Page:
Choose your microSD card, click Write, and give the software permission to overwrite any data on the microSD card. Wait for the image to be downloaded and flashed.

Plug it in, baby

Insert the microSD card and connect Raspberry Pi to a keyboard, mouse, and monitor. If you’ve got controllers or joysticks, plug them in before you power up.

After the image boots, you’ll be prompted to assign your gamepad’s buttons, if you have one. Trigger buttons on some controllers – notably Xbox 360 compatible gamepads – may not register when pressed. Press and hold any other button to skip configuring them for now. If you make a mistake, you’ll be able to go back and correct it when you get to the end of the configuration list.

Fix your triggers (optional)

If the triggers are unresponsive on your Xbox 360 compatible controller, you should update the xpad driver. Go to RetroPie configuration and select RetroPie Setup. From the ncurses menu, select Manage Packages > Manage Driver Packages > 847 Xpad Driver, then Update. Exit back to the main EmulationStation interface and open the Menu. You may find that this has been remapped from Start to the Right Trigger button after the update. Scroll down and select Configure Input.

It takes a little getting used to, but EmulationStation’s controller configuration tool means that RetroPie can handle almost any gamepad you want to use with it

Set me up

With your controller configured, you’ll be taken to the main interface. You won’t see any emulators on offer until you’ve copied over games for them to play. Press A on RetroPie to enter the config menu.

Select WiFi. Press OK at the following menu to go on to connect to a wireless network. Choose from the network list and enter the network key. Select Exit to return to the main EmulationStation config menu.

Some 1920×1080 displays will show a black border. If this is the case, select raspi-config. Go to Advanced Options, then Overscan – this will get rid of the black border. Select No to disable overscan compensation. You’ll need to reboot for this to take effect.

Get some ROMs

Before we go any further, you’ll need some games to run on RetroPie’s suite of emulators. For our first NES ROM, we’ll grab the Oliver Twins’ Mystery World Dizzy. Go to and click Download. To test Mega Drive emulation, go to and click ‘Download trial version’ to take Arkagis Revolution’s great rotating field navigation for a spin.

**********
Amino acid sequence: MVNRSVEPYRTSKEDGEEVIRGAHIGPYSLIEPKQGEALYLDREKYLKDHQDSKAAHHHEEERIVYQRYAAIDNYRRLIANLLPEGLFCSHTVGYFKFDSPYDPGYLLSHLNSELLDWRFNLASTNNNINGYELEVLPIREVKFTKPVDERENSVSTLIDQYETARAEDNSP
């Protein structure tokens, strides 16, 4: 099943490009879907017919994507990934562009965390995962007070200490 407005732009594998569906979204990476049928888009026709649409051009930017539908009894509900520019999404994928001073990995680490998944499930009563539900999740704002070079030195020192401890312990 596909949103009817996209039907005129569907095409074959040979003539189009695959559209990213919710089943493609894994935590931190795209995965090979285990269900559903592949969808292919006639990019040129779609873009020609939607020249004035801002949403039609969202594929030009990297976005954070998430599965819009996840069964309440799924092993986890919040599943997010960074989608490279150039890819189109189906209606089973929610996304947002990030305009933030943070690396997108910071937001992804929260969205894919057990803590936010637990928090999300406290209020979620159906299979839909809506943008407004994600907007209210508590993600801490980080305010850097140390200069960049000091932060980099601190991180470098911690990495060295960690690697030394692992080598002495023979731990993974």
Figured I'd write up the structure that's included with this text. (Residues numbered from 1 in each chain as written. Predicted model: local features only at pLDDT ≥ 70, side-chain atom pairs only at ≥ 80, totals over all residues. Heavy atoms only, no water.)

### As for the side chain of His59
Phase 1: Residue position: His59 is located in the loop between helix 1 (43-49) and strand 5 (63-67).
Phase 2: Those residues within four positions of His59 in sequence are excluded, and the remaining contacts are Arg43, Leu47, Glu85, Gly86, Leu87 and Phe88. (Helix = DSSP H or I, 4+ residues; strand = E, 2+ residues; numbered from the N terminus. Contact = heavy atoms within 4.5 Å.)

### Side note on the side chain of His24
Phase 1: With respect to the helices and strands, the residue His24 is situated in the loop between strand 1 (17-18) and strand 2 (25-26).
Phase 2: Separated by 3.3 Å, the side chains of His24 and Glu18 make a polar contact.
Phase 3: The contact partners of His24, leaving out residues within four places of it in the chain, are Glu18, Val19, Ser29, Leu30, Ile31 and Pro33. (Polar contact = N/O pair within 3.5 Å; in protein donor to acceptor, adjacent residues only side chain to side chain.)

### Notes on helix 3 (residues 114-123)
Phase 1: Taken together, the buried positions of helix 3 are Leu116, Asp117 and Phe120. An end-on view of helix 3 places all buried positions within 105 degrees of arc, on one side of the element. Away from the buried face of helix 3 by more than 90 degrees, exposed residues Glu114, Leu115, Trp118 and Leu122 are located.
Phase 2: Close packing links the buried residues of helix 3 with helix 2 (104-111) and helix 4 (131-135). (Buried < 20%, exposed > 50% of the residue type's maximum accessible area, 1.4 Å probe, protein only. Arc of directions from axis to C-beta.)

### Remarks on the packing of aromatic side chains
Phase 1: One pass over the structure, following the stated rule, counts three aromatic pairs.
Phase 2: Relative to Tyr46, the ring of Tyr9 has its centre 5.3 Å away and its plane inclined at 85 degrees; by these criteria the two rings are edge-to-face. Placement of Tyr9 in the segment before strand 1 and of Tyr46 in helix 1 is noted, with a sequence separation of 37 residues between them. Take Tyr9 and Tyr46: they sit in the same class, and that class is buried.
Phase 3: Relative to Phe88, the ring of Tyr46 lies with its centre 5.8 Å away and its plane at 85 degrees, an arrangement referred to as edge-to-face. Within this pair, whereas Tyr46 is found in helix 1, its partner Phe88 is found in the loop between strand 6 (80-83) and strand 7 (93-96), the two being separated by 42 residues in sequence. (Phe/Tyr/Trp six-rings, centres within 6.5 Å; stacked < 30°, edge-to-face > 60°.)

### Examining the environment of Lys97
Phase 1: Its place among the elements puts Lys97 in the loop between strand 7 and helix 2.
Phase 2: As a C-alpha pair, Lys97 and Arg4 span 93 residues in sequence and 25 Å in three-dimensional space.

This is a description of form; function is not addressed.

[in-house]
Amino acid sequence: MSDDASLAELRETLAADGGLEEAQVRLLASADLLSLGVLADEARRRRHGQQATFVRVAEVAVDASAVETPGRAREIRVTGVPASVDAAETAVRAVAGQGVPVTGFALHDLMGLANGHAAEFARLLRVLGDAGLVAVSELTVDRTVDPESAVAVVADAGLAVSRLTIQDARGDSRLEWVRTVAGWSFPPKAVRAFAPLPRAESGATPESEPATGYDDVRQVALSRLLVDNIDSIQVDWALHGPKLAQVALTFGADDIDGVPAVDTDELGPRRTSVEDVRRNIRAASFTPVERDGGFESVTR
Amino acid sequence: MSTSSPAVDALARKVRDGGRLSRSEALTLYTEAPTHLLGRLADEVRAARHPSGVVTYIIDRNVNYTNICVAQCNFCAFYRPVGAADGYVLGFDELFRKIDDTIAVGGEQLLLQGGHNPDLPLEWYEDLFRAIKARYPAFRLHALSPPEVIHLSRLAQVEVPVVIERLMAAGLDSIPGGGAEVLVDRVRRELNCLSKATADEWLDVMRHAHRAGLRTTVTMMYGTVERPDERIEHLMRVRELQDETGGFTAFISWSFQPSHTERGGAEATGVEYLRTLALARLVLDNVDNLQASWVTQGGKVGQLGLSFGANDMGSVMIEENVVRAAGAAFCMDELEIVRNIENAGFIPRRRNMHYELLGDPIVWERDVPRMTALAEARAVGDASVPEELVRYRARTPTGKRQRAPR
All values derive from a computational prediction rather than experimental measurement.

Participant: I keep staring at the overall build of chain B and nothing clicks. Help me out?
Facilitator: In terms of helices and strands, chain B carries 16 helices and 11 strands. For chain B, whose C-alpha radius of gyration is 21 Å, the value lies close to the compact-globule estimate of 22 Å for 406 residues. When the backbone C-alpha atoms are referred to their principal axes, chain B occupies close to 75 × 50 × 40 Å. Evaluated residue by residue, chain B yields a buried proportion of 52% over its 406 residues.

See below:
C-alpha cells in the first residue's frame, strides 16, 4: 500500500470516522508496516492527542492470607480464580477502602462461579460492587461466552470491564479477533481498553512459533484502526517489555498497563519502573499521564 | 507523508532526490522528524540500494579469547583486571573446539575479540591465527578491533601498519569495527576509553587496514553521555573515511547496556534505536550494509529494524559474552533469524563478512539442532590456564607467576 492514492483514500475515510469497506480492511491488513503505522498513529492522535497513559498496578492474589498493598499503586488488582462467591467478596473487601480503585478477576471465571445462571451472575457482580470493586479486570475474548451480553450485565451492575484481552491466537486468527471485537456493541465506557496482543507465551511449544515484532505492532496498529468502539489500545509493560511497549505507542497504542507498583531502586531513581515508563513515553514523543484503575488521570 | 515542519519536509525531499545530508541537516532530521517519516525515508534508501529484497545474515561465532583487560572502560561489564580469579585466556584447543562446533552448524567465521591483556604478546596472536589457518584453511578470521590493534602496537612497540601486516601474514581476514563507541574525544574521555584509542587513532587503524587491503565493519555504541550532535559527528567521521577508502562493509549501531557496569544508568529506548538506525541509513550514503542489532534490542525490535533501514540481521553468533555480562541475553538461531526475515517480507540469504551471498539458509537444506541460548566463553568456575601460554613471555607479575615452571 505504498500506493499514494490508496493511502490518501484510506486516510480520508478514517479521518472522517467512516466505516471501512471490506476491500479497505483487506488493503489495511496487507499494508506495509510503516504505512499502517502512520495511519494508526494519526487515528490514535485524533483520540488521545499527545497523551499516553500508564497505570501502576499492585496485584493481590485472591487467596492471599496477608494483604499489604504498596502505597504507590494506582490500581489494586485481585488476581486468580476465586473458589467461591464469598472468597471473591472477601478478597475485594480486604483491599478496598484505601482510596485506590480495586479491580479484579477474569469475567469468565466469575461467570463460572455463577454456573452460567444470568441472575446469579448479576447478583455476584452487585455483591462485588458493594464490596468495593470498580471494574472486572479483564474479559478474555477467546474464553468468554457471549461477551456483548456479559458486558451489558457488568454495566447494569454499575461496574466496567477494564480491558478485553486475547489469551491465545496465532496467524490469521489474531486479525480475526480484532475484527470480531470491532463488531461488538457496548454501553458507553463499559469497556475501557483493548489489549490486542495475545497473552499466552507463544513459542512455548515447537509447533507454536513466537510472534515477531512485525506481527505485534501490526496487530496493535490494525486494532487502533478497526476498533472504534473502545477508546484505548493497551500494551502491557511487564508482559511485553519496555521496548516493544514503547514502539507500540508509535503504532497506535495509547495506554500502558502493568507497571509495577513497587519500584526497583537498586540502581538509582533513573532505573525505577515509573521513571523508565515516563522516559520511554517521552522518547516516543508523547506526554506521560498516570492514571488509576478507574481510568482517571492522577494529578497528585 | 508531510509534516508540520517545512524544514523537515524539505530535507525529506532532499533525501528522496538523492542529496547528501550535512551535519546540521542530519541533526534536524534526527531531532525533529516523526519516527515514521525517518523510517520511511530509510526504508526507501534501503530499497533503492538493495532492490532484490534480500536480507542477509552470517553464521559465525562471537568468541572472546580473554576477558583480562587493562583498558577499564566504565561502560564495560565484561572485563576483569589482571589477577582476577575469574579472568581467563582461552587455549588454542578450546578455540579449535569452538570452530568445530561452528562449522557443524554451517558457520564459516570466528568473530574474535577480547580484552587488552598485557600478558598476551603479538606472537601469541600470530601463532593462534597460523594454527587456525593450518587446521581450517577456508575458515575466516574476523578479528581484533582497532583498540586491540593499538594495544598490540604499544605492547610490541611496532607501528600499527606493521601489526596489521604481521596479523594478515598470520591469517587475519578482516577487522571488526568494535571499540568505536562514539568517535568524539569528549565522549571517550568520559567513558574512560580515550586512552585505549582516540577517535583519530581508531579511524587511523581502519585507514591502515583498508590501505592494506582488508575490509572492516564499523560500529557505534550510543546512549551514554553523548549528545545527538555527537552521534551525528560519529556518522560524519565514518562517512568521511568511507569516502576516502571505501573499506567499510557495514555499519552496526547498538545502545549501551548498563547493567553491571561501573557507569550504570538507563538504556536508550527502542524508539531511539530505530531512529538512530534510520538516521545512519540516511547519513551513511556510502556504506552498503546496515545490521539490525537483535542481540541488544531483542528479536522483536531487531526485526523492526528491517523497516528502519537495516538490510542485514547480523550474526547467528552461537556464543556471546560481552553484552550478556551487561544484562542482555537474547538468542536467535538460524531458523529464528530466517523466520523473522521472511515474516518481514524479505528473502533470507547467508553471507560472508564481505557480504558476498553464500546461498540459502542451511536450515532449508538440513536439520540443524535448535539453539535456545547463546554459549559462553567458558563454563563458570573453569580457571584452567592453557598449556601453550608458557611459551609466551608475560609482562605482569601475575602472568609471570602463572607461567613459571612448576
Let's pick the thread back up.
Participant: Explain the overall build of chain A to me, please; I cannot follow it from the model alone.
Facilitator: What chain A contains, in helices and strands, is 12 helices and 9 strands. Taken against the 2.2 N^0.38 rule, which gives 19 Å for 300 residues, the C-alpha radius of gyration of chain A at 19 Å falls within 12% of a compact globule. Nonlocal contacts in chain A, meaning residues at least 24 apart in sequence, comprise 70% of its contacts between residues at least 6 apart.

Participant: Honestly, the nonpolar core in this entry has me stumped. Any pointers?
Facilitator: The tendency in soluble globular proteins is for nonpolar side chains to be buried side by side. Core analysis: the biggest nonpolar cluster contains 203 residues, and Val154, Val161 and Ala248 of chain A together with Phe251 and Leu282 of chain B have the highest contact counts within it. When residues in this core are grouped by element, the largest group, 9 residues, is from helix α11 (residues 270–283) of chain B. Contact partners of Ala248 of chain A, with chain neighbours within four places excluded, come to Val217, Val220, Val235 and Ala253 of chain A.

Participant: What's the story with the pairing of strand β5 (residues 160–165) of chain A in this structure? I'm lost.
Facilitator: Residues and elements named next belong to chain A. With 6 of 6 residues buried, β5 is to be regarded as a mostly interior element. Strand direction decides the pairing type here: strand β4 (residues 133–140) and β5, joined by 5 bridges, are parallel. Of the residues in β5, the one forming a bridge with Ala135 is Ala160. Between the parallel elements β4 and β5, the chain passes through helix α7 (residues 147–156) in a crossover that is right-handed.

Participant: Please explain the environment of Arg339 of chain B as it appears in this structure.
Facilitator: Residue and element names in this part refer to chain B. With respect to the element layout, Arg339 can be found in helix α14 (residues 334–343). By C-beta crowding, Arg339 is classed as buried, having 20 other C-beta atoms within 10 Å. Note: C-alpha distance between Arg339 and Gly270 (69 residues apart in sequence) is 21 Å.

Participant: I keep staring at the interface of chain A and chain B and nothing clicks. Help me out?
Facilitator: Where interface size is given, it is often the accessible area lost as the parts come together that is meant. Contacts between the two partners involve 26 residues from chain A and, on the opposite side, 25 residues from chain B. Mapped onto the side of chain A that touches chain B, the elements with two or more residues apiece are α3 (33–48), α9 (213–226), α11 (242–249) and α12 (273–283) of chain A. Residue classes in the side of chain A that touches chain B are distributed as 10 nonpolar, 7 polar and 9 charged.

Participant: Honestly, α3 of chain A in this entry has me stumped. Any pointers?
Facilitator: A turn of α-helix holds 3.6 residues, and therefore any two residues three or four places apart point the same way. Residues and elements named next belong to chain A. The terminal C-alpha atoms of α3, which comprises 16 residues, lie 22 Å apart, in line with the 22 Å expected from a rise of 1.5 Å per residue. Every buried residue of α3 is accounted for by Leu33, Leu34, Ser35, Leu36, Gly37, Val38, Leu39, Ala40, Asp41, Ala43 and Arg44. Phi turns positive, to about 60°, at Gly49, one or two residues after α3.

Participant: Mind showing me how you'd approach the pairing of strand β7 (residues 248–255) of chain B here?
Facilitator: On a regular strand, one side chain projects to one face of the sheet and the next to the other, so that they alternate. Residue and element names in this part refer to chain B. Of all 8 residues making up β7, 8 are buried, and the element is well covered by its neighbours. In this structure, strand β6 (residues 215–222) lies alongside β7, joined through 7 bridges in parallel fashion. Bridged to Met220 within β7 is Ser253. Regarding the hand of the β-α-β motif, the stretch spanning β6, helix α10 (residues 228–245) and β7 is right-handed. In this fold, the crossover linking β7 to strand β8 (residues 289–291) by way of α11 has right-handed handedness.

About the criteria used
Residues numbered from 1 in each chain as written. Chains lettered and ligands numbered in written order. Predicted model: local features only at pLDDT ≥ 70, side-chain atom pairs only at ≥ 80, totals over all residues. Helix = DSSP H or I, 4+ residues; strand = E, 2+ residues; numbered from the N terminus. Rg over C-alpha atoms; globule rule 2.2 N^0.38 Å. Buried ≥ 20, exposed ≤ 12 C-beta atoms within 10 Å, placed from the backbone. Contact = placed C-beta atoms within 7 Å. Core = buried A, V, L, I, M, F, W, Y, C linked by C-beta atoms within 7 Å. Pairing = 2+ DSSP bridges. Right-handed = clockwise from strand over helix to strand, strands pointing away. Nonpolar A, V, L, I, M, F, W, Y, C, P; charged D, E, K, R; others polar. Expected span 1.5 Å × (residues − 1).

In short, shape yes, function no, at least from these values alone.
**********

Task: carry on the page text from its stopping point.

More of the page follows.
It’s easiest to download ROMs on another computer and copy them across your local network to RetroPie’s Samba share at retropie.local using your file manager. Each console has its own subdirectory under the roms directory. Windows users should ensure that network discovery is enabled.

Time to play

Back on Raspberry Pi, restart EmulationStation: press Start on your controller, select Quit, then Restart System. Restart the interface every time you add games to force it to re-check its ROM directories.

If you have a keyboard connected, it’s quicker to press and hold F4 to quit to the command line, then type exit to restart EmulationStation.

As you scroll to the left or right, you should see logos for the NES and Mega Drive. Press A to enter the menu, then press A while highlighting the game you want to play. Right and left directional controls switch between different consoles.

Shortcuts, mods, and fixes

Remember the Hotkey you defined during controller configuration? You’ll be using that a great deal, as it serves as a mode switch for controller shortcuts. You’ll find more info in the docs, but these are the most useful:

  • Hotkey + Start – quit the game

  • Hotkey + Right Shoulder – Save

  • Hotkey + Left Shoulder – Load

  • Hotkey + B – Reset

  • Hotkey + X – Open quick menu for save states, screenshots, recording and similar

If you don’t get any audio from Raspberry Pi 4, make sure the HDMI lead connecting your monitor is plugged into the HDMI 0 port, nearest to the power connector.